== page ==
Christopher Hitchens recalls the author John Mortimer. An excerpt:
Surrendering to cliché in the end, he did accept a knighthood and become “Sir John,” and he did become Falstaffian in appearance and indulgence: “so surfeit-swell’d, so old, and so profane.” He declined to care about his weight and health, maintaining that “there is no pleasure worth forgoing just for an extra three years in the geriatric ward.” Approaching the root of the matter in one courtroom, he congratulated the jury on having sat through perhaps the most boring legal case on record. The judge in his own summing-up began by saying, “It may surprise you to know, members of the jury, that the sole purpose of the criminal law in England is not to entertain Mr. Mortimer.” Quite possibly not, but the attempt to prove otherwise was as good a way as any of keeping those demons at bay.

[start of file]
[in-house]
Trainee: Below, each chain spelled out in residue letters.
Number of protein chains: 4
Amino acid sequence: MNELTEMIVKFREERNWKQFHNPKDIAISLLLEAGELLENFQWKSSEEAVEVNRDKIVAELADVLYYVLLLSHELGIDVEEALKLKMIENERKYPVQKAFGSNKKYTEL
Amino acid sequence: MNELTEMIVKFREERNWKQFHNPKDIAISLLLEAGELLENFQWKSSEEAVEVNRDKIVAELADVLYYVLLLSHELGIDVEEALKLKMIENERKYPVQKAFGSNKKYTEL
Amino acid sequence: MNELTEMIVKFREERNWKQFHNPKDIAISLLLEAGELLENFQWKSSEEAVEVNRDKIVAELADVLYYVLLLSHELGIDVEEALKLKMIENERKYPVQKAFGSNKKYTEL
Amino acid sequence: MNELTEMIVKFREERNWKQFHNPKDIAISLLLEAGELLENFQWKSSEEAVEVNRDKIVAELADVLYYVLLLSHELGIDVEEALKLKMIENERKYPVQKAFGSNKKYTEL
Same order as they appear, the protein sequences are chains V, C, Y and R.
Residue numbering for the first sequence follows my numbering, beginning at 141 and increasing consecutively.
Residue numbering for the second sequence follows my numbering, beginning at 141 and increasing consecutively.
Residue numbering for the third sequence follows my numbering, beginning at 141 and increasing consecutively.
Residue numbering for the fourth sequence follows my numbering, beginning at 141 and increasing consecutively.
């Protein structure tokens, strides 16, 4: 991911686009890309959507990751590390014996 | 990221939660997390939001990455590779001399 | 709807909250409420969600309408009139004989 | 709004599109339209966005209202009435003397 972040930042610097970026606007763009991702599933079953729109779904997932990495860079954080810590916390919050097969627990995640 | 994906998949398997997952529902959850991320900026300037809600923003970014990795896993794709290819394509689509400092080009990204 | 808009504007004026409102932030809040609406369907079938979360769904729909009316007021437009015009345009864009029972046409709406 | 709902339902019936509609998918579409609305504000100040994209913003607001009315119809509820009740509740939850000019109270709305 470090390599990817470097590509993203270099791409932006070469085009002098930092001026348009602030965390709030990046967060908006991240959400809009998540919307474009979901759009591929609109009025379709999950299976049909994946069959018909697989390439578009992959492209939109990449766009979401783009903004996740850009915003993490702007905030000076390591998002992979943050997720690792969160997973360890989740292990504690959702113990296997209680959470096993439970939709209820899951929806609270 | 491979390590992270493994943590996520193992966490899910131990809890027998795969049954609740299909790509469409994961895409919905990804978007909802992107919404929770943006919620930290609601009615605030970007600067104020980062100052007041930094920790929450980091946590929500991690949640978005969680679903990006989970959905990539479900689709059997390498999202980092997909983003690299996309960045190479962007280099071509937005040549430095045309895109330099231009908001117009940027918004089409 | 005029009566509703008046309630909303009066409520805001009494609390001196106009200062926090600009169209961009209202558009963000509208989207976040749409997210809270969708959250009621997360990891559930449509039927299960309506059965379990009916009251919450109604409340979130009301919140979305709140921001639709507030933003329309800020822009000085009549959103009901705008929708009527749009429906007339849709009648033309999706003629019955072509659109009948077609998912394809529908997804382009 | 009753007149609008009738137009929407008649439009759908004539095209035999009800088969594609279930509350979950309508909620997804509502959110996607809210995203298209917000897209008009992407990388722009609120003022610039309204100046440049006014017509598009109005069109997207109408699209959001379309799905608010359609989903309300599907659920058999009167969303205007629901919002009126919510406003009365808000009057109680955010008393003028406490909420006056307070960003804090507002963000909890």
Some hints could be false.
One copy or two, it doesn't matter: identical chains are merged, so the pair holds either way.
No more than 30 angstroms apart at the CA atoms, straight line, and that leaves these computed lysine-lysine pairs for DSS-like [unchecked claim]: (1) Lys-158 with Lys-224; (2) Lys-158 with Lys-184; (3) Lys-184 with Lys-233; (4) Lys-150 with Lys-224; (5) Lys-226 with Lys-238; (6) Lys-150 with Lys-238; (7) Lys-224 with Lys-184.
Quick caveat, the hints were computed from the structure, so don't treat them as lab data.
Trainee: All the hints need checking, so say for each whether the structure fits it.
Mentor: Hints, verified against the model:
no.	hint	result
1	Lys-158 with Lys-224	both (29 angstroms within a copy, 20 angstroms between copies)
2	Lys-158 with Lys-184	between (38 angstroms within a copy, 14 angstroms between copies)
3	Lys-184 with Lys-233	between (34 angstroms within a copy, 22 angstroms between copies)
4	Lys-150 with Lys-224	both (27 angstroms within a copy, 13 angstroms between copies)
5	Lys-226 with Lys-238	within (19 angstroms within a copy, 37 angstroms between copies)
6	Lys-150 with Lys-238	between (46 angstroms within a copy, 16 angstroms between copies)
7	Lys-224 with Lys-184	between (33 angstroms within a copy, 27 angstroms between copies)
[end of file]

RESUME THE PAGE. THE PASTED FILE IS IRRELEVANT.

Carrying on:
[HT: Arts & Letters Daily]